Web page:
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Re: [delmarvastargazers] Aurora Watch

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  • S. Kent Blackwell
    Our forecast in Tidewater, VA is 80% chance of rain tonight. The good thing it s supposed to be clear for Saturday night s lunar eclipse. We re having an
    Message 1 of 8 , Nov 6, 2003
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      Our forecast in Tidewater, VA is 80% chance of rain tonight. The good thing it's supposed to be clear for Saturday night's lunar eclipse. We're having an eclipse watch at the Chesapeake Planetarium in Chesapeake, VA. What are you guys doing?
       
      Kent Blackwell
      ----- Original Message -----
      Sent: Wednesday, November 05, 2003 9:36 PM
      Subject: [delmarvastargazers] Aurora Watch

      It appears that the sun is at it again and active sunspot region 10486 has spawned a final going away present as it rotates off the western limb of the sun.  Yesterday about 2:47 PM EST it belched what might have been the biggest x-ray flare ever observed in history.  Even though most of the CME associated with the event will pass well to the west of Earth, there is sufficient activity to spur aroural activity.  An alert has been issued for 0200 Local time tonight by Space Watch


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    • Norton Douglas (MTRV)
      Don Surles, myself and possibly Steve Long will be heading out to Woodland Beach to watch and photograph the eclipse. Douglas A. Norton Telecom/Network
      Message 2 of 8 , Nov 6, 2003
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        Don Surles, myself and possibly Steve Long will be heading out to Woodland Beach to watch and photograph the eclipse.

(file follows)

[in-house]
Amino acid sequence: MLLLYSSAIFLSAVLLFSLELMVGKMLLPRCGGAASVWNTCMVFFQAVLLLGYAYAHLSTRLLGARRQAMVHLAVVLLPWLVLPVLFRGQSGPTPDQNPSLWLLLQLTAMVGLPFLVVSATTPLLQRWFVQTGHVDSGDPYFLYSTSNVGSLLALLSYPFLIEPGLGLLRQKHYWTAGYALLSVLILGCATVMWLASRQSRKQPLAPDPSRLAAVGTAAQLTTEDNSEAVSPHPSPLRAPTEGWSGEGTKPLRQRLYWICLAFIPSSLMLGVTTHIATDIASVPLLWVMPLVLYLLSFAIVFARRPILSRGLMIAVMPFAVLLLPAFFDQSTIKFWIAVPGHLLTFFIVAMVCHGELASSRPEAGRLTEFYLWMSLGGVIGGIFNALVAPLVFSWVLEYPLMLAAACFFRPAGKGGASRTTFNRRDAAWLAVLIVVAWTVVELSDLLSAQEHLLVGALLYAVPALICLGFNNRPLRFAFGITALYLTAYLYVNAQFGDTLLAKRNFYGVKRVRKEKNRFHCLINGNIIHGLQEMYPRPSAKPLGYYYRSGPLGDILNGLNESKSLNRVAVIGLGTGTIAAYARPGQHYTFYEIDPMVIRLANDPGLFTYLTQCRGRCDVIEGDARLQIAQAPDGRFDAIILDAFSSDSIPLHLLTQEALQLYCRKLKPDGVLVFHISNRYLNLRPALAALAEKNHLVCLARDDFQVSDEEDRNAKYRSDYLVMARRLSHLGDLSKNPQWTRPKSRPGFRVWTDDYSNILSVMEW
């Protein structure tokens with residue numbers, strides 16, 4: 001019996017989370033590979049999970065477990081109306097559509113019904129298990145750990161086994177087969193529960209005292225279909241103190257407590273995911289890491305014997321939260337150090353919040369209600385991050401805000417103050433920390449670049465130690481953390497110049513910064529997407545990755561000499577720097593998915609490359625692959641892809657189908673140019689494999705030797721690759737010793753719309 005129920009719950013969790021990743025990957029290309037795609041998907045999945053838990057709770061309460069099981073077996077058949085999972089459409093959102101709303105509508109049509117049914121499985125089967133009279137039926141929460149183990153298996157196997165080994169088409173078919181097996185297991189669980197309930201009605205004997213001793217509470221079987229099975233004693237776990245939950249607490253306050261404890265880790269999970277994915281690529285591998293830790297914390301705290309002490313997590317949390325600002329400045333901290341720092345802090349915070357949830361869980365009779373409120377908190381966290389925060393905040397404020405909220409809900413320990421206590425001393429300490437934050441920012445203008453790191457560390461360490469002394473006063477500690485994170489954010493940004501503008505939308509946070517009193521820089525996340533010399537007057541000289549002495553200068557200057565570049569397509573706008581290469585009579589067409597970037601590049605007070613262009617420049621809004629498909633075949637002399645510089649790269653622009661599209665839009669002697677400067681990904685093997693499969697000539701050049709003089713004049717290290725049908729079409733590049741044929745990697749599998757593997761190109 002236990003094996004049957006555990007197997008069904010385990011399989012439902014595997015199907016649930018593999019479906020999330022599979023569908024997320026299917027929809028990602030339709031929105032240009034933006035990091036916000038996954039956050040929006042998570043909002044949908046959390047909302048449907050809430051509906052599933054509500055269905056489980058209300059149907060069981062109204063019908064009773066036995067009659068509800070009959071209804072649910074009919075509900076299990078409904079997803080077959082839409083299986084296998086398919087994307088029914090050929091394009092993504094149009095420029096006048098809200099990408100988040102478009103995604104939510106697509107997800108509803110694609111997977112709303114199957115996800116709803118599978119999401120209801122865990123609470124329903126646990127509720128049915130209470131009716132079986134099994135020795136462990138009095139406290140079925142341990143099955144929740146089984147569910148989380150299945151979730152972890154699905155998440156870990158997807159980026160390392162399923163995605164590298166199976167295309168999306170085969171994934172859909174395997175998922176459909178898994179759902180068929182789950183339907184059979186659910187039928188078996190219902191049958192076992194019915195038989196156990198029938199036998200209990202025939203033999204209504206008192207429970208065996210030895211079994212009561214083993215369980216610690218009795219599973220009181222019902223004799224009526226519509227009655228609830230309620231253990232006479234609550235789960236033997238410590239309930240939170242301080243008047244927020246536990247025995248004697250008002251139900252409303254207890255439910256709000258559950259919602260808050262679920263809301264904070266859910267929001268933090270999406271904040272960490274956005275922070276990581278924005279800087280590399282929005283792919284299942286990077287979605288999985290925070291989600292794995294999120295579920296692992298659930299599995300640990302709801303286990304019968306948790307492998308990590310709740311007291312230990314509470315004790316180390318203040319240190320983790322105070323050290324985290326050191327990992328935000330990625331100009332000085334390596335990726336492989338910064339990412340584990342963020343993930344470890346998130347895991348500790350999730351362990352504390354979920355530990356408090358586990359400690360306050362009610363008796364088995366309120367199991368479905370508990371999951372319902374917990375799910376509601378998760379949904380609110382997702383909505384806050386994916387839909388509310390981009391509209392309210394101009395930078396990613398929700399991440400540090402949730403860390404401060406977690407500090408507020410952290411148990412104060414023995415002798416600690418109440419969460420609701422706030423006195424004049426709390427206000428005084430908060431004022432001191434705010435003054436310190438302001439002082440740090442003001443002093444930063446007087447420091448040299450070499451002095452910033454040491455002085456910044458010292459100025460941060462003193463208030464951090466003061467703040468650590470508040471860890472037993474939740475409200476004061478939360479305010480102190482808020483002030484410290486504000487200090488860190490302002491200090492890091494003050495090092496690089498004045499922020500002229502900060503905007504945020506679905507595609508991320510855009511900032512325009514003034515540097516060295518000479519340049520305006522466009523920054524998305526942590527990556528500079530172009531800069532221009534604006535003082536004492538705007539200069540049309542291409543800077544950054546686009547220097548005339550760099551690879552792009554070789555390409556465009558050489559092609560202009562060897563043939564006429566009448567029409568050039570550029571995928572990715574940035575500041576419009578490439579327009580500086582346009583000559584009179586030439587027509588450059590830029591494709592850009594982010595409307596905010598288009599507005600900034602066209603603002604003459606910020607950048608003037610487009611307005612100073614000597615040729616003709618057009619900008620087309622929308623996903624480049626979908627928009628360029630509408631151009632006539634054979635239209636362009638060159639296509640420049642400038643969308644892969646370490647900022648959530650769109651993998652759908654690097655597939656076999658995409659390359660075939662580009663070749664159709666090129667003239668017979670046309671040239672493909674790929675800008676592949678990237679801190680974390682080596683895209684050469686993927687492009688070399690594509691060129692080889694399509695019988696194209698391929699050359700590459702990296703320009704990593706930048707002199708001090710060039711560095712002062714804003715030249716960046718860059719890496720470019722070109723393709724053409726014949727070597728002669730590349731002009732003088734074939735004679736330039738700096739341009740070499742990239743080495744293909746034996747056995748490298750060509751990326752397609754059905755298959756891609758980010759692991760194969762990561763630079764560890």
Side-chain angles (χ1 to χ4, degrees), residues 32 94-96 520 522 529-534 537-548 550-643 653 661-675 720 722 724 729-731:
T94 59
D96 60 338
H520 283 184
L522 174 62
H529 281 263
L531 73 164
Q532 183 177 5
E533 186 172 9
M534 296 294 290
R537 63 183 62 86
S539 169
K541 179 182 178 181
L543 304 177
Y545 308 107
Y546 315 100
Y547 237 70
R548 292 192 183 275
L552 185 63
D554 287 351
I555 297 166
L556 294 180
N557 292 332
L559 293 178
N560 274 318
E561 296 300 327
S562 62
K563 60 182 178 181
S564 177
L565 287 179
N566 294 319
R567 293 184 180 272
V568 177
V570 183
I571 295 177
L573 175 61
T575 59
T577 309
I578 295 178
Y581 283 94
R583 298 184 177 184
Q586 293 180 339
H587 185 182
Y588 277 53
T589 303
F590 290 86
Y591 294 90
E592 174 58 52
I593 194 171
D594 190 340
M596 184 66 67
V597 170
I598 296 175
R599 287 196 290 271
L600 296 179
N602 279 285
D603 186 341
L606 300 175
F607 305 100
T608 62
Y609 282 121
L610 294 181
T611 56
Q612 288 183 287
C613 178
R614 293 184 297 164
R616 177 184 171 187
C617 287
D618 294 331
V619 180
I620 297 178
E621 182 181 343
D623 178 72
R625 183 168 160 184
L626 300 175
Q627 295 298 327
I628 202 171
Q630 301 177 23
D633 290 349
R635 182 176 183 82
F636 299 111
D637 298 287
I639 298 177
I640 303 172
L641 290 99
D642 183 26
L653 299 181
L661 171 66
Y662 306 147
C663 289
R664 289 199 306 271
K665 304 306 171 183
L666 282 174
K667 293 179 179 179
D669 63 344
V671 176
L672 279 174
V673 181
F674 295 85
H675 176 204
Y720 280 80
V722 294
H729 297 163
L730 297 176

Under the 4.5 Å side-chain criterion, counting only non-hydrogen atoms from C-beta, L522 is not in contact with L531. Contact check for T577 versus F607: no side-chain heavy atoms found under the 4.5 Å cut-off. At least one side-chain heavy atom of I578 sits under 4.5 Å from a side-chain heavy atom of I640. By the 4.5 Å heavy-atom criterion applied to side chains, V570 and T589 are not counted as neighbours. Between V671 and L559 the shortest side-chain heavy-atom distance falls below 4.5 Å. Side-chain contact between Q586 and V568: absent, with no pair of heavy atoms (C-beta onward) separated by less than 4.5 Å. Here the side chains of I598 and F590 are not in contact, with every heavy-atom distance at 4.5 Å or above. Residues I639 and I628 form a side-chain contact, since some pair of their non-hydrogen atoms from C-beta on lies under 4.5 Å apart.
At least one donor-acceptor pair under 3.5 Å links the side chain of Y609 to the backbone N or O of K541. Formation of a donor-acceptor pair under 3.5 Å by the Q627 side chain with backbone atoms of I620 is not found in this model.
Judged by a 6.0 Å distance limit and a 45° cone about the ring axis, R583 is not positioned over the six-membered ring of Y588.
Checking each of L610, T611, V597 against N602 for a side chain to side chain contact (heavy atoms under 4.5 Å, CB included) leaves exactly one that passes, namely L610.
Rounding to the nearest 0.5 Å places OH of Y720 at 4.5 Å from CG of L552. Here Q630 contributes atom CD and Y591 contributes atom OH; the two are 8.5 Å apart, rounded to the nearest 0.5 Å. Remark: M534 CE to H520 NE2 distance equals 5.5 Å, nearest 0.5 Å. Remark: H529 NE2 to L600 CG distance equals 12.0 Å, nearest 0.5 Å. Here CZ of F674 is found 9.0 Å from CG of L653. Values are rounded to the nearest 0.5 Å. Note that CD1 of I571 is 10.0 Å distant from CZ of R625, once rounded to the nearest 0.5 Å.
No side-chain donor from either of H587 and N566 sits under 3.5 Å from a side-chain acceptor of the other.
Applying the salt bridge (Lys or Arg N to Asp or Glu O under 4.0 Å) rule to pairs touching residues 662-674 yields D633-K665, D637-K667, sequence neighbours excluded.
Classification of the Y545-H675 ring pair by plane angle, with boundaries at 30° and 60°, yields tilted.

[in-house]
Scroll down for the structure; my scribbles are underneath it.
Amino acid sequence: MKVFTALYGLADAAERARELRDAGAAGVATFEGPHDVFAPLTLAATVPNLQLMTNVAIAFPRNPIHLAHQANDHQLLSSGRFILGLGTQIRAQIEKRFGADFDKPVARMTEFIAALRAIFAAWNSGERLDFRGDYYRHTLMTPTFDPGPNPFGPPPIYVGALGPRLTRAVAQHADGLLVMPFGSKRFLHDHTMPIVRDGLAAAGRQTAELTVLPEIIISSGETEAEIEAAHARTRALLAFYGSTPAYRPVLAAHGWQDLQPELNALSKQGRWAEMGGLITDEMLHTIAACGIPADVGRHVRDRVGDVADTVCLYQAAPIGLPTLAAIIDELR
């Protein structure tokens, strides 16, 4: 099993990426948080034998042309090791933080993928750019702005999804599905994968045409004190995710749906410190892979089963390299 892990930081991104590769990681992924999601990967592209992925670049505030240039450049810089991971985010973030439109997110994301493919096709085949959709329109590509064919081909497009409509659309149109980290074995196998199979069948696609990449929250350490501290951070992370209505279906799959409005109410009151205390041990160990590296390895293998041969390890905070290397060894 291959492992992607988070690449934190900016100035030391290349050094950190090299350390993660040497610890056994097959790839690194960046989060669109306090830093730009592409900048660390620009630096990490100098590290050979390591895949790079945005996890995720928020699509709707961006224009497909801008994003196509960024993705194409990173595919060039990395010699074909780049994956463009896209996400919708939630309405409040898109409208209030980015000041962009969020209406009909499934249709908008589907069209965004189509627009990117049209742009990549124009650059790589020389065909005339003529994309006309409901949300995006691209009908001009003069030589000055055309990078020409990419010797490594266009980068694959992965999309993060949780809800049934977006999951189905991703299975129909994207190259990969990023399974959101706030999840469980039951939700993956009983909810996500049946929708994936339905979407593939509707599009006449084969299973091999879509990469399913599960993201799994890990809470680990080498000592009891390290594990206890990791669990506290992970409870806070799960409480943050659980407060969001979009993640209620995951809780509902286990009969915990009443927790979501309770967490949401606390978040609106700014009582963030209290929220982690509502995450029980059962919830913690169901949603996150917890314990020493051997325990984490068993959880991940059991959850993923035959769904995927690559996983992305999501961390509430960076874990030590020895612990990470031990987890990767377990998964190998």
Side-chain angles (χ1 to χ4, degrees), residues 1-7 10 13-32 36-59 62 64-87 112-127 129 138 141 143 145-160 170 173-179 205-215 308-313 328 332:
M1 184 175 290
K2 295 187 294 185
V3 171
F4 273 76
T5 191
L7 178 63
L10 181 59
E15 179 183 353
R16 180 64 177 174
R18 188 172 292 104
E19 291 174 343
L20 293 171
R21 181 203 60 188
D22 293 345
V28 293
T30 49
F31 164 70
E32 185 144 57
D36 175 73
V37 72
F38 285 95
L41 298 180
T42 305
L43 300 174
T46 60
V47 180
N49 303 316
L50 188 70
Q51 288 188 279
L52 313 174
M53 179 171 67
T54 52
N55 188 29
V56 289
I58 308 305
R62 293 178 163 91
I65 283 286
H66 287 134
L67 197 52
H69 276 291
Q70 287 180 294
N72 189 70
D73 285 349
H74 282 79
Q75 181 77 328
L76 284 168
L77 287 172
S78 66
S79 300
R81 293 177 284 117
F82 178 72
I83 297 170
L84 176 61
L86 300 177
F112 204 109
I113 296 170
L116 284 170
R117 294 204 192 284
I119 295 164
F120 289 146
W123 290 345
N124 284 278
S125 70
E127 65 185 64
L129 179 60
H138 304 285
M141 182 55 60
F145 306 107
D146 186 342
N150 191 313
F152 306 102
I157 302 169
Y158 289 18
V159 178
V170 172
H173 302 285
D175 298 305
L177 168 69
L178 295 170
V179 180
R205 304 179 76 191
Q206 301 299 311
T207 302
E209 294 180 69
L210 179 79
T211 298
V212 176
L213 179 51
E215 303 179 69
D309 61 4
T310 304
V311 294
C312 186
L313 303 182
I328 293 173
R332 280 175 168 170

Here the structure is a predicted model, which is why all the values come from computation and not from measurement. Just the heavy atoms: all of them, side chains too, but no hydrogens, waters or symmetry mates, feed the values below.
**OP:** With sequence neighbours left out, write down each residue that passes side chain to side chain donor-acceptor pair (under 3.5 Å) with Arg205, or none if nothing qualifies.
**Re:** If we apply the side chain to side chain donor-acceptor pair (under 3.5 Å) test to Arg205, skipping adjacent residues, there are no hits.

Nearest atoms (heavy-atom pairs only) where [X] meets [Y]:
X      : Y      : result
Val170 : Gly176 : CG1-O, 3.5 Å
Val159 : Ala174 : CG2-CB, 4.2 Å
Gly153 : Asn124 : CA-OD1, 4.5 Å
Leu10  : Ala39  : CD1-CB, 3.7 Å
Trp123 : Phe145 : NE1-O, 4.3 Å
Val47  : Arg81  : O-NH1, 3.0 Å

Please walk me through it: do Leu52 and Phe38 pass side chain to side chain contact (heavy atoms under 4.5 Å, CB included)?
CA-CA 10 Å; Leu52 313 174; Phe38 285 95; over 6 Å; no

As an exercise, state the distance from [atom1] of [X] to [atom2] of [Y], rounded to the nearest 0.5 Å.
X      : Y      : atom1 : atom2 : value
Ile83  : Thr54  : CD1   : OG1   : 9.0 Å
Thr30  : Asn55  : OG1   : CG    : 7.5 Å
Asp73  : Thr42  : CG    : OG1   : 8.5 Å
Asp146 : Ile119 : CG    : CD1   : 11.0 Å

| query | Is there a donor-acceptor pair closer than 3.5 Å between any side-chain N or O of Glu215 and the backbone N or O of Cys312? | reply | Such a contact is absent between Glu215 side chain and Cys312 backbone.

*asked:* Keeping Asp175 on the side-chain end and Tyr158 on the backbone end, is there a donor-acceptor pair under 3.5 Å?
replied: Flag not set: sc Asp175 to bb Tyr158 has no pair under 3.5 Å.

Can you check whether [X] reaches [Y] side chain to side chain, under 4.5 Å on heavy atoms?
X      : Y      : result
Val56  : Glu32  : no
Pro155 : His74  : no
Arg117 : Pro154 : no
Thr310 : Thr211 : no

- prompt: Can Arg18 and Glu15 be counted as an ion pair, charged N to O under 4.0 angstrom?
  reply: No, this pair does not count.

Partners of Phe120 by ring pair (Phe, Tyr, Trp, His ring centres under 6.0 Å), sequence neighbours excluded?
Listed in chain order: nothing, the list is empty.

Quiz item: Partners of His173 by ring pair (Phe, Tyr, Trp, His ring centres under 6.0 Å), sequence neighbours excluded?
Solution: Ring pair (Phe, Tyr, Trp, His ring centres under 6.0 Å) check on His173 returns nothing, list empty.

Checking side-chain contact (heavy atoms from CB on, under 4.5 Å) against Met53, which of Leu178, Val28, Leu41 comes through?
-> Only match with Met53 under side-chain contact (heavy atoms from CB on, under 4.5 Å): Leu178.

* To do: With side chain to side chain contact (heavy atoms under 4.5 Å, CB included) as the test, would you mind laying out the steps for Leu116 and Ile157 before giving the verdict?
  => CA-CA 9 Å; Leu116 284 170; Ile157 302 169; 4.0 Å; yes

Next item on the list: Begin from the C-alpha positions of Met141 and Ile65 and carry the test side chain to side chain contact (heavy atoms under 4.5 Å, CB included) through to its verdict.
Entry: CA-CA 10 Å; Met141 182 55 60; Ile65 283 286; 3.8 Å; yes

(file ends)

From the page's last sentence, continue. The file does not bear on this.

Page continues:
Douglas A. Norton
        Telecom/Network Technician
        Delaware Division of Motor Vehicles
        voice 302.744.2605 / fax 302.739.2140
        email Douglas.Norton@...

         

         

      • Don R Surles
        Lunar Eclipse Watch...several of us are going to Woodland Beach (due east of Smyrna, DE) for the eclipse. From there we have about 6-8 miles of Delaware River
        Message 3 of 8 , Nov 6, 2003
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          Lunar Eclipse Watch...several of us are going to Woodland Beach (due east
          of Smyrna, DE) for the eclipse. From there we have about 6-8 miles of
          Delaware River and then the South Jersey tidal marshes for another 5-6
          miles. So, there should be a minimum of "city glow". Plus, we may have
          passing ship in the channel for photographic opportunities. I have never
          seen an eclipsed moon rise from the water - this one should be interesting.

          And I have an old Koni-Omega 6X9 camera that I plan to use for multiple
          exposures to track the moon's progress into the umbra. By my calcs I think
          I can get about 2 hours movement on one exposure.

          I believe the forecast is for clear, cold, and windy conditions. So, I
          will take the trailer and a heater...for the wusses who can't face the
          north wind blowing down the river.

          All Star Gazers are invited to join us.

          Don...






          "S. Kent Blackwell" <kent@...> on 11/06/2003 08:29:47 AM

          Please respond to delmarvastargazers@yahoogroups.com

          To: <delmarvastargazers@yahoogroups.com>
          cc: